Lou

Apr 21, 2011
10:02 AM

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Apr 21, 2011
10:02 AM

Hi Lou,

OK I see what you are saying but how do insert a thermal resistance between the aluminium and sea-water?

Many thanks,

John

Apr 21, 2011
10:18 AM

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Apr 21, 2011
10:18 AM

John Middleton wrote:

Hi Lou,

OK I see what you are saying but how do insert a thermal resistance between the aluminium and sea-water?

Many thanks,

John

Look up film coefficients in fluid heat transfer.

Apr 21, 2011
10:19 AM

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Apr 21, 2011
10:19 AM

John Middleton wrote:

Hi Lou,

Many thanks,

John

Sorry comments is in Russian

http://twtmas.mpei.ac.ru/mas/worksheets/therm/Heat_Flow_4.mcd

but see the picture in the WebSheet

>how do insert a thermal resistance between the aluminium and sea-water

You can use ) know alpha2 (heat transfer coefficient - W/(m^2 K)

Apr 21, 2011
11:45 AM

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Apr 21, 2011
11:45 AM

Hi Valery,

Thank-you for your help it is very much appreciated. At least I get to keep my remaining hair!

Cheers,

John

Apr 21, 2011
12:05 PM

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Apr 21, 2011
12:05 PM

John Middleton wrote:

Hi Valery,

Thank-you for your help it is very much appreciated. At least I get to keep my remaining hair!

Cheers,

John

I am glad to help you.

See about alpha or h (heat transfer coeff.) here http://en.wikipedia.org/wiki/Heat_transfer_coefficient

Apr 21, 2011
12:07 PM

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Apr 21, 2011
12:07 PM

If the sea water is not considered an isothermal medium, then the model must allow for this. The simple calc attached shows that the temp drop in the water itself is significant.

For the simplified infinite cylindrical model assumed in the calc (althought there's an L = 120mm with a dia of ~ 1meter, the L is not srelevant to the calc), we can assume that the sea water adds another cylindrical layer outside the solid pipe, with the conductivity of sea water, and that the water temperature is t5 (5degC) outside this water "tube." Not completely realistic, but good enough to look at relative temperature drops. This also ignores any efect of convection/currents.

Since the water conductivity is relatively low compared to the metal pipe, and the effective thickness can be large compared to pie thickness, the effect of the water thermal R is not negligible. Allowing for just 100mm additional thickness of a water tube about the pipe make the overall resistance about 6x higher, makes the net power flow smaller by this factor, and results in most of the temp drop (approx 5/6 x 77deg = 64deg) being across the water cylinder, leaving the outer surface of the anode at ~ 69 = 82-13 deg). Increasing the effective water tube thickness makes the temp difference across the pipe even smaller. Allowing for 1m water tube thickness results in only ~ 3degC temp delta across pie surfaces.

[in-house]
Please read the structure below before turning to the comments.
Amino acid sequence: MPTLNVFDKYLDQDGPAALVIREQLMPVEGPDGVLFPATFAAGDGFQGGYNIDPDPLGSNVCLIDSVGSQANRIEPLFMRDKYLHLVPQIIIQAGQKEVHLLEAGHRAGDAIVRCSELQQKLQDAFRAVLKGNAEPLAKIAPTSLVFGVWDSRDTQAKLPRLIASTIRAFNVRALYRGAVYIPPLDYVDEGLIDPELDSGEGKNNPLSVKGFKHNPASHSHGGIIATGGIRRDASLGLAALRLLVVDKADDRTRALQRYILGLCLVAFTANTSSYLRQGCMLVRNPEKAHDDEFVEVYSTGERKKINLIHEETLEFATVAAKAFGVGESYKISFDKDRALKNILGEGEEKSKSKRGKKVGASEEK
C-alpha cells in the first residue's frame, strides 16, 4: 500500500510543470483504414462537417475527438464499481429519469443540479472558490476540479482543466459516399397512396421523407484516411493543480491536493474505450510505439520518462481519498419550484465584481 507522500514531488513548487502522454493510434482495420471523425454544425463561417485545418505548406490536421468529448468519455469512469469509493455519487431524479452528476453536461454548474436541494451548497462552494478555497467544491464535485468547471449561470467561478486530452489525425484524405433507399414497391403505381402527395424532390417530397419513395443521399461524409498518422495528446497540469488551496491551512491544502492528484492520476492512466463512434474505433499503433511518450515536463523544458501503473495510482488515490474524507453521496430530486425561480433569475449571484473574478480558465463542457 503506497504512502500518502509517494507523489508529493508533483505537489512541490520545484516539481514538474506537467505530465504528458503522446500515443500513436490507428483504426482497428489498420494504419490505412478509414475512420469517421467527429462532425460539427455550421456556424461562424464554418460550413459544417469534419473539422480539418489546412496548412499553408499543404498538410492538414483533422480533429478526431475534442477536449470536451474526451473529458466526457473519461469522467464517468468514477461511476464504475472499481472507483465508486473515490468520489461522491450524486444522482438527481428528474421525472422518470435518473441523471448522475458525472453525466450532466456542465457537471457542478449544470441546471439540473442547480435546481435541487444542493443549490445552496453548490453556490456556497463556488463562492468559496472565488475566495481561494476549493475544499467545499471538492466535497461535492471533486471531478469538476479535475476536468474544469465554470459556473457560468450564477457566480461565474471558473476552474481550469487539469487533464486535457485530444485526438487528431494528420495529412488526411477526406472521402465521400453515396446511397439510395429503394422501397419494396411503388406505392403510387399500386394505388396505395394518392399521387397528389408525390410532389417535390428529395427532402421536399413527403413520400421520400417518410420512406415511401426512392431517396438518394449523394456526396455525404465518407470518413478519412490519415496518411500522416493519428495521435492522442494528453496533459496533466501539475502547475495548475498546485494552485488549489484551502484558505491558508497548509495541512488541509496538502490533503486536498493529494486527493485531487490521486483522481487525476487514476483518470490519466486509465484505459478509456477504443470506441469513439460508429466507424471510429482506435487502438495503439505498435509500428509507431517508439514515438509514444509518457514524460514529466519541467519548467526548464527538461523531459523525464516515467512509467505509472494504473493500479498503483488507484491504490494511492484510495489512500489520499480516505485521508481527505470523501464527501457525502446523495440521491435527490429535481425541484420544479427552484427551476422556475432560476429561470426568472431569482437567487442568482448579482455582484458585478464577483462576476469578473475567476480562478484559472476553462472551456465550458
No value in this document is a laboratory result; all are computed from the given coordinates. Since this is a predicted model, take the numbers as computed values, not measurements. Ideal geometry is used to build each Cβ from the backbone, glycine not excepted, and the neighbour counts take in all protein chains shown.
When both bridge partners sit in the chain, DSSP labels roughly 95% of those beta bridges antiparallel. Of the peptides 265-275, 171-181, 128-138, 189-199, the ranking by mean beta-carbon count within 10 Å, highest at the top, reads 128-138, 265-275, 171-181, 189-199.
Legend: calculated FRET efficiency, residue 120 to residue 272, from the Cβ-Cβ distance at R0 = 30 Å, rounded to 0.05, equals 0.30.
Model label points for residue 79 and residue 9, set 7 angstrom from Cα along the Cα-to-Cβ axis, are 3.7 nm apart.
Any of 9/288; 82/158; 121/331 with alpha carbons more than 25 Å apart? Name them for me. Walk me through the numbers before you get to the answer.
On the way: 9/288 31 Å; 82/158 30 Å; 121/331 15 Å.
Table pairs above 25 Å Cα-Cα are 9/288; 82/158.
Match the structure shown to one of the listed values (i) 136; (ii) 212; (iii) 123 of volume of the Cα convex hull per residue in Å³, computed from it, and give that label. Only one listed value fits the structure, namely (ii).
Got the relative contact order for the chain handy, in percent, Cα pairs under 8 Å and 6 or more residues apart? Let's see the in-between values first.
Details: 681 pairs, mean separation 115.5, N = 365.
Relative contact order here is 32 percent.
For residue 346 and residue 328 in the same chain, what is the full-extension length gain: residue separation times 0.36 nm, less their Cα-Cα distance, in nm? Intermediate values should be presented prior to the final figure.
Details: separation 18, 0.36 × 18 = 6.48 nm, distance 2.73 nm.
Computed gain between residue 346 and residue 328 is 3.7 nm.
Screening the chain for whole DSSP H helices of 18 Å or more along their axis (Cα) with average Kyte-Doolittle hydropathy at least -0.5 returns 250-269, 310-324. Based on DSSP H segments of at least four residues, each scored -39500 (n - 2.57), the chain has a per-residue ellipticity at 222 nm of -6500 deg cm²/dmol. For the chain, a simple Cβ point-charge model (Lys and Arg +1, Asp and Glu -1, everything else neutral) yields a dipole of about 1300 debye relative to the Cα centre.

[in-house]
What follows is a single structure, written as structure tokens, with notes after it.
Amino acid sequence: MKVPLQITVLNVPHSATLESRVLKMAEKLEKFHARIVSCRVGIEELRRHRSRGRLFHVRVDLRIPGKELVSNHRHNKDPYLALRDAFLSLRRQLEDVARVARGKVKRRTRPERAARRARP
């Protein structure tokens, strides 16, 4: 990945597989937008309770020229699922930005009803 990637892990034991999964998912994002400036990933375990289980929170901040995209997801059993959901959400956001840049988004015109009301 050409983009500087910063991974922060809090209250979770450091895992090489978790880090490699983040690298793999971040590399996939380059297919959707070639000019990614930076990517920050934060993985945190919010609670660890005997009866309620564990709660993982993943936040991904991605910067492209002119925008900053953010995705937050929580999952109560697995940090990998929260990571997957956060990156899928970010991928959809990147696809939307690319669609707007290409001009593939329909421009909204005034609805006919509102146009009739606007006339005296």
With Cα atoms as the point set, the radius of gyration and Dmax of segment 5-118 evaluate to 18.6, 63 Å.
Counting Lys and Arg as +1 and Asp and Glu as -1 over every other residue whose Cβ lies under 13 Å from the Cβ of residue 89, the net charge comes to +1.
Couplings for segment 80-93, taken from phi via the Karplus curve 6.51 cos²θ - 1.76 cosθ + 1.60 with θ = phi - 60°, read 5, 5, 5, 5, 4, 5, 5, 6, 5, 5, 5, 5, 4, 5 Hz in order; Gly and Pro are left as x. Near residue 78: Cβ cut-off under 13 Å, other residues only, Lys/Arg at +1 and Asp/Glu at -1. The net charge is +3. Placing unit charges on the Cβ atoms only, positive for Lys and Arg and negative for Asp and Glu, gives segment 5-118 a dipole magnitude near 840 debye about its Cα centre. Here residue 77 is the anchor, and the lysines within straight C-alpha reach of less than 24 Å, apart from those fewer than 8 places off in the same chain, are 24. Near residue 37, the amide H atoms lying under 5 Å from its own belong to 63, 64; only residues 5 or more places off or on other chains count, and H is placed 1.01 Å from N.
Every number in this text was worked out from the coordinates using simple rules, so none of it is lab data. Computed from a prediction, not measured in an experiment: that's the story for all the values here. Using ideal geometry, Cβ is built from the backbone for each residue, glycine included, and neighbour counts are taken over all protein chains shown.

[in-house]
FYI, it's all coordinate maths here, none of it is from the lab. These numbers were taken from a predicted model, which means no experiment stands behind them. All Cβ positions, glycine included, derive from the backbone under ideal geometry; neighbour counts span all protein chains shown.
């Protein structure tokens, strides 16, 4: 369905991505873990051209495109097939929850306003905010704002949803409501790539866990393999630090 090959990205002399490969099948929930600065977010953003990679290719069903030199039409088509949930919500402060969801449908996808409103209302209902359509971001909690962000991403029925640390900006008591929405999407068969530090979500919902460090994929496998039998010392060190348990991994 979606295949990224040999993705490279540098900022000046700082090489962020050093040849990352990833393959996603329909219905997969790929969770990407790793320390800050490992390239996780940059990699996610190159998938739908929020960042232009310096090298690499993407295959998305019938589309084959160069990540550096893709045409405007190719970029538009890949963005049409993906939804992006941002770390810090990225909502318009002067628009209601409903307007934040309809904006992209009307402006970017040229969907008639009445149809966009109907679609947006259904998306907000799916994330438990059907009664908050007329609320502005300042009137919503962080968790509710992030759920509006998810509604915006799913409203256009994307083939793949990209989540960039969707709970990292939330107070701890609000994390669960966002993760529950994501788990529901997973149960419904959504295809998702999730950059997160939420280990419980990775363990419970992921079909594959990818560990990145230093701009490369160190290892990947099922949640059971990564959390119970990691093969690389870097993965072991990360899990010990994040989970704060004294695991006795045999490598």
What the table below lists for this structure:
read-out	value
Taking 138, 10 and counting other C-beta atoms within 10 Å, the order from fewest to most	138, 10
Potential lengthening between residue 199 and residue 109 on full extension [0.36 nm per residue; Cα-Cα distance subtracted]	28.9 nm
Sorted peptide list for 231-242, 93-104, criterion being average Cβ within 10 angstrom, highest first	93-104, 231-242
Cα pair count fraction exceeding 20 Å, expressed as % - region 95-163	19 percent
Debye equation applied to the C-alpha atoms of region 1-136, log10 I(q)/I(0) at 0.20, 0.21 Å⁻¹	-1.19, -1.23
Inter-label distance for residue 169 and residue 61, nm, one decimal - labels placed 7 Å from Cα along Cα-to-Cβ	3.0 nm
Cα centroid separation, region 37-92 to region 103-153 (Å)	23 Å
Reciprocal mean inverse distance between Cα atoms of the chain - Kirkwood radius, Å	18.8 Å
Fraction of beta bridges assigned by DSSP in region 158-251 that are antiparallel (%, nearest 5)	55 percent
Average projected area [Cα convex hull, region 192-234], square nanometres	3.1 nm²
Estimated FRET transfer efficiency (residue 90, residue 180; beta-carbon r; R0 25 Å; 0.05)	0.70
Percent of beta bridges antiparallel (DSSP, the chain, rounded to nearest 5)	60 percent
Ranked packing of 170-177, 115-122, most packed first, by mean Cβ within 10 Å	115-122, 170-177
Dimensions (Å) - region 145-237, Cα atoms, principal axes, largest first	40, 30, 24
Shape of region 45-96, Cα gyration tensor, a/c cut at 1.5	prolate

The water resistance grows logarithmically with thickness, and is slow, but nonconvergent; perhaps useful until the 2D model fails or other mechanisms, e.g., convection, come into play.

My conclusion from this is that the pipe model alone does not cover enough of the physically relevant situation to give meanigful results, and the model needs to be fixed before using its results.

Lou

Apr 21, 2011
12:29 PM

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Apr 21, 2011
12:29 PM

Treating the salt water in the open sea as a conductor is not valid. Convection is probably the most significant heat transfer mechanism from a solid to a free fluid. The only time conduction would be more significant would be in a baffled construction where fluid motions were constrained; even in an open container convective currents would be created and play significantly.

Apr 21, 2011
12:42 PM

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Apr 21, 2011
12:42 PM

I agrre that the model used is the key to the analysis. If convection is dominant, then assuming the sea as an insothermal in contact with the outer pipe layer - the original anaysis - may be a reasonable assumption. I took the a simple, but not necessarily physically relevant, conduction model for sea water as a means to show that its conductivity has a significant effect on the calculated temp drops. Besides, it's the only one I know how to set up and analyze easily, and physical reality be damned :-).

Lou

Apr 25, 2011
10:27 AM

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Apr 25, 2011
10:27 AM

Hi Fred,

If the boundary layer between the pipe wall and the sea particles have zero velocity then the heat transfer will be conduction not convection. Ouside this boundary convection would then become dominant?

I am only interested in the surface temperature of the aluminium and not concerned with any effect the surrounding sea may have outside this immediate boundary surface.

Thnaks,

John

Apr 25, 2011
12:15 PM

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Apr 25, 2011
12:15 PM

John Middleton wrote:

Hi Fred,

If the boundary layer between the pipe wall and the sea particles have zero velocity then the heat transfer will be conduction not convection. Ouside this boundary convection would then become dominant?

I am only interested in the surface temperature of the aluminium and not concerned with any effect the surrounding sea may have outside this immediate boundary surface.

Thnaks,

John

The effective thermal boundary layer is the film of "film coefficient." How thick it is and how efficiently it transmits heat away from the aluminum will depend on the state of the sea outside the boundary layer. What you are describing is "free convection," where there is no driving effect to create an external flow in the fluid. This is not a simple calculation.

I've excerpted an equation from Marks' Standard Handbook for Mechanical Engineers, 7th ed for laminar film coeffficients, (pp4-100 to 4-104.) I can't (in a short time) get the units to balance, which is a standard problem with empirical equations.

Good Luck.